Falling Into The World
Sometimes getting answers requires risking a fall into the unknown....
“Once upon a time, there was a little girl who lived with her mother and father and baby sister in a little town beside a big river.”
Beyond the circle of porch light, the crickets chirped an evening song. My mother’s arm was warm around my shoulders, almost too warm in the lingering heat of a late-summer day, and the seat slats of the porch swing cut into the backs of my legs. The moon rose red through the harvest dust, and even though I couldn’t see them from where we sat, I knew the trees along the Mississippi’s banks were gleaming silver in the red moon’s light.
“Once upon a time, there was a little girl. And this is her story.”
In the time-honored tradition of humankind, my mother’s stories were oral history, the reality of each story enhanced by the fairy-tale quality of its beginning. But her voice was silenced the year I turned twenty-two, and somehow it seemed--seems--my story ended six years ago when I lost the teller. Life goes on, or so they say, and living stories go on, too. Still, life can be altered beyond expectation, leaving behind a clutter that never quite makes a whole, a story that never quite makes sense even though you pretend it does.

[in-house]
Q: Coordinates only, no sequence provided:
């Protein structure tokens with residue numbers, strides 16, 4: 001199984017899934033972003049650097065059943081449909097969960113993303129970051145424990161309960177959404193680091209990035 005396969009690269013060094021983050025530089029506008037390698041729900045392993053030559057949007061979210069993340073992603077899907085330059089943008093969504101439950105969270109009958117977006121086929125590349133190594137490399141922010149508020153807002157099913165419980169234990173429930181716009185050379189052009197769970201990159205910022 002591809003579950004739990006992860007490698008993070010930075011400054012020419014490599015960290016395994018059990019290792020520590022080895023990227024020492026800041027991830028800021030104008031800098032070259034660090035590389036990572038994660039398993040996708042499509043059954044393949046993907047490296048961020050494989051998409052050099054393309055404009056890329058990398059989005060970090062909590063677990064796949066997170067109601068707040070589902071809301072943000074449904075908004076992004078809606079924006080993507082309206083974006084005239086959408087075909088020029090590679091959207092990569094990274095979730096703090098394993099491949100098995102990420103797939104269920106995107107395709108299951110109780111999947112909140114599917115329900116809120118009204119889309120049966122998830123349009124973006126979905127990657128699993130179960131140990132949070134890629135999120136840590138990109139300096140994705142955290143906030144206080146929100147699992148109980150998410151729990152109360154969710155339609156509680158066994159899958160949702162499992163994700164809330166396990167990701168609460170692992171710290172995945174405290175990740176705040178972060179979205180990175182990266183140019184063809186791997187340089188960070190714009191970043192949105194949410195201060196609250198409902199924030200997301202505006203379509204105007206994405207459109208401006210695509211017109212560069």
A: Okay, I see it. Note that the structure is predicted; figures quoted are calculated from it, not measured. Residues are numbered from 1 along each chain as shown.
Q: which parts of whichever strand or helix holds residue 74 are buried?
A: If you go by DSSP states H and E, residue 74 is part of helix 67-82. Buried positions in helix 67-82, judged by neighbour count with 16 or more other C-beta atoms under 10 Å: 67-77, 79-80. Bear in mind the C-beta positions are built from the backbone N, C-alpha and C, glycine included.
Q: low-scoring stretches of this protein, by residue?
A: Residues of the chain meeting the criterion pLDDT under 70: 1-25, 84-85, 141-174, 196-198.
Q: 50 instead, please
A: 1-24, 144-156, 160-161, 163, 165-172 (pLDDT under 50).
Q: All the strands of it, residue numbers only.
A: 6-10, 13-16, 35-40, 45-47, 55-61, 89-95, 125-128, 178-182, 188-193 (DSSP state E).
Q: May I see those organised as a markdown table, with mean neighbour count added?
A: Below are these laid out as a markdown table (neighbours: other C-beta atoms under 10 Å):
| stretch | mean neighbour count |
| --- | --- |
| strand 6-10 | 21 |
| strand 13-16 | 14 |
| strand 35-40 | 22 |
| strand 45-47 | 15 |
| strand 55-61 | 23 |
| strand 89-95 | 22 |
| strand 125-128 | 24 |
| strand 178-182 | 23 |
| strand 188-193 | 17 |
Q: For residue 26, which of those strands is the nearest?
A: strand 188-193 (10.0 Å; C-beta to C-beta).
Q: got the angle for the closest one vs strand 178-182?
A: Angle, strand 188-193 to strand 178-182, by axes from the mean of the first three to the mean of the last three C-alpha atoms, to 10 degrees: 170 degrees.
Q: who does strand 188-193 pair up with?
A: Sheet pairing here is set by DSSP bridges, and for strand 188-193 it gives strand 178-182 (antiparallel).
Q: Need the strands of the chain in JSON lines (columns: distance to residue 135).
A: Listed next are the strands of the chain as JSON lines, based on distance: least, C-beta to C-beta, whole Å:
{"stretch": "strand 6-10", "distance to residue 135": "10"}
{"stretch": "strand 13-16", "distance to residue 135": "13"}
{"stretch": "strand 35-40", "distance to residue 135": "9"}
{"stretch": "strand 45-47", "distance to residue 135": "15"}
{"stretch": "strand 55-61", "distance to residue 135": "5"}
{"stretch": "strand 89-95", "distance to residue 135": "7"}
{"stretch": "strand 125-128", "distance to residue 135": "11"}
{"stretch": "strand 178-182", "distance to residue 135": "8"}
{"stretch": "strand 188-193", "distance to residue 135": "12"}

“Let’s see that ring!” Mrs. Carlson says.
We’re standing in front of the toilet paper at the local Kroger store. My cart has somehow contrived to bump into Mrs. Carlson’s cart even though I thought I was doing a pretty good job of not being seen and pretending to not see. The toilet paper is stacked along a wall, and a display stand of corn removers blocks the alternative exit and turns the aisle into a dead end with Mrs. Carlson guarding the only way out. I smile and hold out my hand to show her the ring.
“I wanted a plain band.”
“I would have thought Colton could afford a diamond. Even a small one.”
“It was my decision. He wanted to buy a diamond.”
“What’s the world coming to when a boy can’t even buy his girl a small diamond?”
I reach out for a pack of Charmin and give it a good squeeze.
“I hear your sister is back in town. That must be . . .”
She pauses for dramatic emphasis. When I don’t react, she raises her eyebrows and reaches for a twelve pack of quilted softness.
“ . . . difficult,” she finishes. “Not that your sister is difficult. I mean, it must be different.”